PANELISTS:
Peter Baldwin
University of California Los Angeles

Ana Beduschi
University of Exeter

Sarah Chan
University of Edinburgh

Alex John London
Carnegie Mellon University

MODERATOR:
Jae-Jae Spoon
University of Pittsburgh

REFERENCES:

  • Ada Lovelace Institute. 2021. “Checkpoints for Vaccine Passports.” European Artificial Intelligence Fund.
  • Baldwin, Peter. 2021. “Fighting the First Wave Contagion and the State Democracy and Disease.” Cambridge: Cambridge University Press.
  • Beduschi, Ana. 2021. “Digital Health Passports for COVID-19: Data Privacy and Human Rights Law.” University of Exeter; UKRI Economic and Social Research Council.
  • Beduschi, Ana. 2021. “COVID-19 Health Status Certificates: Policy Recommendations on Data Privacy and Human Rights.” University of Exeter; UKRI Economic and Social Research Council.
  • Chan, Sarah. 2020. “Imagining Life with “Immunity Passports”: Managing Risk during a Pandemic.” Discover Society, Policy Press, pp. 1-4
  • London AJ (2021) For the Common Good: Philosophical Foundations of Research Ethics. Oxford University Press.

The series is intended to present a broad range of views and opinions about topics relevant to Europe. The views expressed are those of the presenters and cannot be taken to represent the views or opinions of the U.S. Government nor the European Union.

We would appreciate your feedback on these videos and the Conversations on Europe series.  Please see our survey at: https://pitt.co1.qualtrics.com/jfe/form/SV_0x5l0NHN4btbAQR

For more resources and readings related to this session or any of our past sessions, go to:  https://www.ucis.pitt.edu/esc/events/coe

This video has been funded with the assistance of both the European Commission (through the Erasmus + Programme) and the US Department of Education. The contents of this video are the sole responsibility of the European Studies Center at the University of Pittsburgh and can in no way be taken to reflect the views of the U.S. government or the European Union.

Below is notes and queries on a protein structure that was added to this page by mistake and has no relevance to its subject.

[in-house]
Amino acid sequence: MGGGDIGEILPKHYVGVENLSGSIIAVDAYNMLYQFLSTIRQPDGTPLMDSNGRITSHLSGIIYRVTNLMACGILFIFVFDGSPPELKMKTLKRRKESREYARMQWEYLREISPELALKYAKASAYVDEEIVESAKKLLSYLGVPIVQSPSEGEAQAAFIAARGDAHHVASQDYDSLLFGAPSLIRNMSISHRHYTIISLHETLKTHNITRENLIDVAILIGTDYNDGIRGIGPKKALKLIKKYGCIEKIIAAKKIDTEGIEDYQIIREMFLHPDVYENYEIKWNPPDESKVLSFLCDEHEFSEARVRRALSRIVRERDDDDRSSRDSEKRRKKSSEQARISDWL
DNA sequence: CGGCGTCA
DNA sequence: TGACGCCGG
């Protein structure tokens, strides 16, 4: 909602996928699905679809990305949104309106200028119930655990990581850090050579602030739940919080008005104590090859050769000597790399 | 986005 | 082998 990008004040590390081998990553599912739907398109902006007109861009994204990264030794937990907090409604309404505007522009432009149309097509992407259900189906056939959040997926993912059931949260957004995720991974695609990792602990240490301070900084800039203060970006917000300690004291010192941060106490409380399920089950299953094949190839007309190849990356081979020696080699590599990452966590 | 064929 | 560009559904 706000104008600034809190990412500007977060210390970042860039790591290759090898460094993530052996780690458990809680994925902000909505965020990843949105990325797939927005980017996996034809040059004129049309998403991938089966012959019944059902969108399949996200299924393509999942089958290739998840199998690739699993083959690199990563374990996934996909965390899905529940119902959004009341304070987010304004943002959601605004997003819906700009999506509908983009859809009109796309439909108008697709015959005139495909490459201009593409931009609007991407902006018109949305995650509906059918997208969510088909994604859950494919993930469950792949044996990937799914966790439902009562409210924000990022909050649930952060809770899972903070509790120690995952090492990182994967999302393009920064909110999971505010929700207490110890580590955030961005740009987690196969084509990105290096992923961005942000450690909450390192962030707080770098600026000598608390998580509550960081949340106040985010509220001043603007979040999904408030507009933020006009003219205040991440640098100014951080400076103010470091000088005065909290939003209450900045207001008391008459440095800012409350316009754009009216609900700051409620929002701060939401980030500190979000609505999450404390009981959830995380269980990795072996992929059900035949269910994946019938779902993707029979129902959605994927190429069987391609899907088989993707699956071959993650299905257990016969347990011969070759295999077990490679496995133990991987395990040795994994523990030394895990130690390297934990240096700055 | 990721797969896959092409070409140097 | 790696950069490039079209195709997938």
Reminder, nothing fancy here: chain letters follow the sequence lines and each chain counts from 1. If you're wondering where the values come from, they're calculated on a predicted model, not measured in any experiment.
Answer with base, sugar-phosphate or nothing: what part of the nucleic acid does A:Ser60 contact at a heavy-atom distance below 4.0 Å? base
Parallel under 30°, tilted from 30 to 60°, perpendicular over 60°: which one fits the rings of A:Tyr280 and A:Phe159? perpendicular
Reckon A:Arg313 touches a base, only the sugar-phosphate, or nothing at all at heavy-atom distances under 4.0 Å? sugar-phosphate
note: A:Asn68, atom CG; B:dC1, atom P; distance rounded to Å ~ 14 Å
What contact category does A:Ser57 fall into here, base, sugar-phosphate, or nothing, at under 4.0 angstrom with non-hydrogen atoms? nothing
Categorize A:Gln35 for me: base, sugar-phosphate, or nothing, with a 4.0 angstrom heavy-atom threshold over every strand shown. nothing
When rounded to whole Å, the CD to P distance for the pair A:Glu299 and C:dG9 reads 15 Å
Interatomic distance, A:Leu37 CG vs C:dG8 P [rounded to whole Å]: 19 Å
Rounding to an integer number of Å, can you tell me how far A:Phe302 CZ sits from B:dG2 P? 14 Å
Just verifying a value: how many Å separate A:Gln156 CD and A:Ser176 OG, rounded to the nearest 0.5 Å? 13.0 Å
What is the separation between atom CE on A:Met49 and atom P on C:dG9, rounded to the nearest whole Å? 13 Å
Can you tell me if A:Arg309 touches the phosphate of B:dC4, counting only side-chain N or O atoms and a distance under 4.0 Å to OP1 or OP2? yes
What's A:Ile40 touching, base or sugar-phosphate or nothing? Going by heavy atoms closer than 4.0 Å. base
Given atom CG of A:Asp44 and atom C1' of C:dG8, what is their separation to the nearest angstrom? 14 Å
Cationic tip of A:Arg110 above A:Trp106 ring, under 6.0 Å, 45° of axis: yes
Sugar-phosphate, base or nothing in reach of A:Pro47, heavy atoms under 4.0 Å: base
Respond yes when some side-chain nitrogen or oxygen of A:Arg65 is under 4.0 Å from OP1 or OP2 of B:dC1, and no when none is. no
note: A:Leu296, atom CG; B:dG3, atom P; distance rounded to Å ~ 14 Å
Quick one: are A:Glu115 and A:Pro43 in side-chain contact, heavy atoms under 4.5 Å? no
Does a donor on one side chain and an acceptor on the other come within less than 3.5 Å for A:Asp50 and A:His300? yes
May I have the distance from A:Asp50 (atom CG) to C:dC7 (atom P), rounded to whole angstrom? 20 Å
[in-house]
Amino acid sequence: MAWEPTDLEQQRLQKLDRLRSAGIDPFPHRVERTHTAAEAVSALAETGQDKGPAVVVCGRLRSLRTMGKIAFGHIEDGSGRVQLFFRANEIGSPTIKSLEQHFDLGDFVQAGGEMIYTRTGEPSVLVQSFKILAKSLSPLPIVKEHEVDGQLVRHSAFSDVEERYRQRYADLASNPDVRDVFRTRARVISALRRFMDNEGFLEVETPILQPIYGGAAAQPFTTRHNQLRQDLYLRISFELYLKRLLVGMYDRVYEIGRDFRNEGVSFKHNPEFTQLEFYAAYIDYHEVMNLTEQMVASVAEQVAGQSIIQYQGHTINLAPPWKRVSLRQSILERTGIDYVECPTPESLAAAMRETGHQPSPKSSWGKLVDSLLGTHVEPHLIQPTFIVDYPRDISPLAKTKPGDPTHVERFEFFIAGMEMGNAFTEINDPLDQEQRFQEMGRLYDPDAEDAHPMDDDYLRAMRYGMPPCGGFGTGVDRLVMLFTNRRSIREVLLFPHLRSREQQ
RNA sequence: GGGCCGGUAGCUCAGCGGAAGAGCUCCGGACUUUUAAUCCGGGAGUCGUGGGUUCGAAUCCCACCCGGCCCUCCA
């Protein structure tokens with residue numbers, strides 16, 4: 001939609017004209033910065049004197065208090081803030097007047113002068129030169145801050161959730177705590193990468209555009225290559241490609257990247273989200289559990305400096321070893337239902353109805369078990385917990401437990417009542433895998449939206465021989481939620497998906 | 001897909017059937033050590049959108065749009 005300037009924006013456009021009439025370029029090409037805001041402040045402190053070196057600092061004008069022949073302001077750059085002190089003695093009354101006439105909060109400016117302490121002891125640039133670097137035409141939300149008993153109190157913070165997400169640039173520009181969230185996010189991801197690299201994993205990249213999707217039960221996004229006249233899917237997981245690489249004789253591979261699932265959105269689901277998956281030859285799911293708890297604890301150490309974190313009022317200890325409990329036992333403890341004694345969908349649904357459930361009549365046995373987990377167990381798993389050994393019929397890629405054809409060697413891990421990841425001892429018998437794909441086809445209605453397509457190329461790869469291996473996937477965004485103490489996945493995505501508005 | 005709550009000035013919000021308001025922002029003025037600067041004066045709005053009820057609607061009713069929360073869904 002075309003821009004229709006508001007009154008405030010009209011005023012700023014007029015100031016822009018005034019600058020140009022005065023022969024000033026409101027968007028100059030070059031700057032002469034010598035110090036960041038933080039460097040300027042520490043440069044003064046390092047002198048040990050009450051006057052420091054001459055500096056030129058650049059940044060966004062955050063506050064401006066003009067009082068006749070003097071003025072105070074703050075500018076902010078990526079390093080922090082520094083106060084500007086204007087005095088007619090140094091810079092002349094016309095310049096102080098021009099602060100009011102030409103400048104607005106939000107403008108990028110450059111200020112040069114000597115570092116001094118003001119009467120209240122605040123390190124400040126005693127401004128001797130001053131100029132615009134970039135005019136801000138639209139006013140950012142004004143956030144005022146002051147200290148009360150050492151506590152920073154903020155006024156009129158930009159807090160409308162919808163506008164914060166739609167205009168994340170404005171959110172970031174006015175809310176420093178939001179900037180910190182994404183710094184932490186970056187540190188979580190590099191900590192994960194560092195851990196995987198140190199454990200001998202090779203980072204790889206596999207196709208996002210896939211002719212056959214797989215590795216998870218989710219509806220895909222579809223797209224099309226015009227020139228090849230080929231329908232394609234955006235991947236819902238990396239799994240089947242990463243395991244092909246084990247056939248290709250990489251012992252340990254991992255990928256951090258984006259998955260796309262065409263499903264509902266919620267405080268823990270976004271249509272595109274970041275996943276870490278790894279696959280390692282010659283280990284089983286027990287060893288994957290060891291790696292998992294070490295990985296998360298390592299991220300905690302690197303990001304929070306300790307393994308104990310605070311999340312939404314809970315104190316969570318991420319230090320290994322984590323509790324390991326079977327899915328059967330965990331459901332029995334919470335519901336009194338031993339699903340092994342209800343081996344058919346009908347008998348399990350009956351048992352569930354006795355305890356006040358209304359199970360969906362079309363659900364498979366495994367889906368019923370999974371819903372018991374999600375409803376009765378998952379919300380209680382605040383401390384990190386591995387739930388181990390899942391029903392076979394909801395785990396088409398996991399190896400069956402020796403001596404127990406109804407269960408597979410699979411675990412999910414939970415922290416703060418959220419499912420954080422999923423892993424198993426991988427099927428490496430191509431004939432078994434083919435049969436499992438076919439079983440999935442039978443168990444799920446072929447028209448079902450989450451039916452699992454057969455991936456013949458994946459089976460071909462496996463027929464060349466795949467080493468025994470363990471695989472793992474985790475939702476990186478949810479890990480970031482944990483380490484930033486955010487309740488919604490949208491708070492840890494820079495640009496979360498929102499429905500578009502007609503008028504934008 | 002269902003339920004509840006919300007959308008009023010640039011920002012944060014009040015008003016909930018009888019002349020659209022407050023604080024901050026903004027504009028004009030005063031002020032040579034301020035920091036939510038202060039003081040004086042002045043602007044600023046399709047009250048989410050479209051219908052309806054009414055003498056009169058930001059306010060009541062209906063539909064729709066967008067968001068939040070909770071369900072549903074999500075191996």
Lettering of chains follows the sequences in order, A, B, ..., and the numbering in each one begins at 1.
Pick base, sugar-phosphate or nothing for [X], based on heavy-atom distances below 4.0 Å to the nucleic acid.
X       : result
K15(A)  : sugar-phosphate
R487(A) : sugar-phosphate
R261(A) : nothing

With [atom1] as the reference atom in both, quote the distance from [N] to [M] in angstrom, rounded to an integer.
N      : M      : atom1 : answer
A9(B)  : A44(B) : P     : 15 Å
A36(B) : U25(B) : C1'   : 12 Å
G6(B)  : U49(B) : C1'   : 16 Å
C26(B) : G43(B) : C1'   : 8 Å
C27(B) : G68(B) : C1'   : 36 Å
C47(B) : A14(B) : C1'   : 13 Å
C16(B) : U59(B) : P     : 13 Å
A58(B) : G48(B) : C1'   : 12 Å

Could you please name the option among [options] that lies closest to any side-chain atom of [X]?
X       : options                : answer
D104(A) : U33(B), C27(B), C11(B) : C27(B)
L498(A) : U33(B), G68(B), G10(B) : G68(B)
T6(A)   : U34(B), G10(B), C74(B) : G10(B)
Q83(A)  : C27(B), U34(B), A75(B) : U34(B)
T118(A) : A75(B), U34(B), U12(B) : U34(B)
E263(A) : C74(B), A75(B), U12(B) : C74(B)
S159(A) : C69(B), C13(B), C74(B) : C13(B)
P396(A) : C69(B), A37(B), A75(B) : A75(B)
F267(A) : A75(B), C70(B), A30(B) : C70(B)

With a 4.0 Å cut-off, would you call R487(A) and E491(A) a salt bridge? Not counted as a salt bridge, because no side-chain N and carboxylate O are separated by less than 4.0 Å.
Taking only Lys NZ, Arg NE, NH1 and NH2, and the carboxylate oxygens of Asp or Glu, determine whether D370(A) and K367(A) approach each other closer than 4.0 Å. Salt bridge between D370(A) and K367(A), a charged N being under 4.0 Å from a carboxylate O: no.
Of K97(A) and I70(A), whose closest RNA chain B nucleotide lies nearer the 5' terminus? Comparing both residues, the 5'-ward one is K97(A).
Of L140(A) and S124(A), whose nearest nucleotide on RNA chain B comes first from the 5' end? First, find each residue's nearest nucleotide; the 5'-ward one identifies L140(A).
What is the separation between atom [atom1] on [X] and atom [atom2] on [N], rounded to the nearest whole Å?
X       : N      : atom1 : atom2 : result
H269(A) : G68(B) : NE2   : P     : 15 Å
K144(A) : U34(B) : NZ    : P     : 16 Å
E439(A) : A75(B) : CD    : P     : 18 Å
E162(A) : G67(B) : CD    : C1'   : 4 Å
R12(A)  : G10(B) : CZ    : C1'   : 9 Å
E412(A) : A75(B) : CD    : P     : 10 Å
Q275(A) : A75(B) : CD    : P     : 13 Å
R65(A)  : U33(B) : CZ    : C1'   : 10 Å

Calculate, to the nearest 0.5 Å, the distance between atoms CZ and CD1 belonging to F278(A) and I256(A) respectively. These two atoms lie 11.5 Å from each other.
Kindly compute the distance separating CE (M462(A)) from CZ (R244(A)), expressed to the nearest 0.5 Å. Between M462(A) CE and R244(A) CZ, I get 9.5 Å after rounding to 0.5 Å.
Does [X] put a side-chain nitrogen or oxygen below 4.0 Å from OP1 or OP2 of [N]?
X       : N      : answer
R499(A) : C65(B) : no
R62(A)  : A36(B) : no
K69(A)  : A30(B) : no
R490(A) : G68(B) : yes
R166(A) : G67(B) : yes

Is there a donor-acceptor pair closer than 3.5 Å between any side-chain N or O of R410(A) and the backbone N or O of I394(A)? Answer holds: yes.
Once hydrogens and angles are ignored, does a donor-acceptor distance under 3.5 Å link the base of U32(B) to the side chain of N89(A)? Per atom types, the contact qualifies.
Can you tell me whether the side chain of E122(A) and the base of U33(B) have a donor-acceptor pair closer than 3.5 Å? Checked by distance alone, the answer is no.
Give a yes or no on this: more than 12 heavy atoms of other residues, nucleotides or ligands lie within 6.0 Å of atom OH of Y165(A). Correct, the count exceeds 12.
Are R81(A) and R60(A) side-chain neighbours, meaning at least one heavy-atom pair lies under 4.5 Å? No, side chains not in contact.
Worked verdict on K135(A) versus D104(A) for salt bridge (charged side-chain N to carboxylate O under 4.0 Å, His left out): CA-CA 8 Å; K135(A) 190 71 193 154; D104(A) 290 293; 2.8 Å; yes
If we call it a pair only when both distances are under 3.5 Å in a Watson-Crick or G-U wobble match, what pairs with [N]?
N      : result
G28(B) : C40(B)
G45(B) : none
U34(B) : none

Co-support provided by the International Foreign Language Education office of the U.S. Department of Education and the European Commission's Erasmus + Programme. Views and opinions expressed are those of the individual panelists and do not reflect the views or opinions of the U.S. Government or the European Union.

How and Why Europe (Mis)Understands Black America

Jean Monnet Center Distinguished Lecture - Gary Younge,
Author, broadcaster, and editor-at-large for The Guardian based in London, England and Professor of Sociology at the University of Manchester

Europe's views on Black America are informed by a range of contradictory tendencies: amnesia about its own colonial past, ambivalence about its racial present, a tradition of anti-racism and international solidarity and an often fraught geo-political relationship with the United States itself. Europe both resents and covets American power, and is in little position to do anything about it. So African Americans represent to many a redemptive force– living proof that that US is both not all that it claims to be and could be so much greater than it is. This sense of superiority is made possible, in no small part, by a woefully, willfully incomplete and toxically nostalgic understanding of Europe's own history which has left significant room for denial, distortion, ignorance and sophistry. The result, in the post-war era, has been moments of solidarity often impaired by exoticization or infantilization in which Europe has found it easier to export anti-racism across the Atlantic than to practice it at home or export it across the Channel, the Mediterranean and beyond.

COMMENTS:
Felix Germain,
Department of Africana Studies, University of Pittsburgh

Will the Center Hold? What to Expect in the German Federal Election

On the eve of the German Federal Elections, our panel of experts weighed in on the various issues concerning German voters, the legacy of outgoing Chancellor Merkel, the potential impact of this election on the EU and Germany’s relationship with the U.S., and the significance of the Green Party mounting their first ever candidate for the Chancellorship.

PANELISTS:
Kai Arzheimer
University of Mainz

Marcel Lewandowsky
University of Florida

Jae-Jae Spoon
University of Pittsburgh

Jana Puglierin
European Council on Foreign Relations

MODERATOR:
Steve Sokol
American Council on Germany

REFERENCES:

  • Arzheimer K. 2020. “A partial micro-foundation for the ‘two-worlds’ theory of morality policymaking: Evidence from Germany.” Research & Politics.
  • Arzheimer, Kai. 2018. “Conceptual Confusion is not Always a Bad Thing: The Curious Case of European Radical Right Studies.” Demokratie und Entscheidung. Eds. Marker, Karl, Michael Roseneck, Annette Schmitt, and Jürgen Sirsch. Wiesbaden: Springer. 23-40.
  • Lewandowsky, Marcel. 2022. "New parties, populism, and parliamentary polarization. Evidence from plenary debates in the German Bundestag." in: Michael Oswald (ed.), The Palgrave Handbook of Populism. Palgrave: Basingstok, pp. 611-627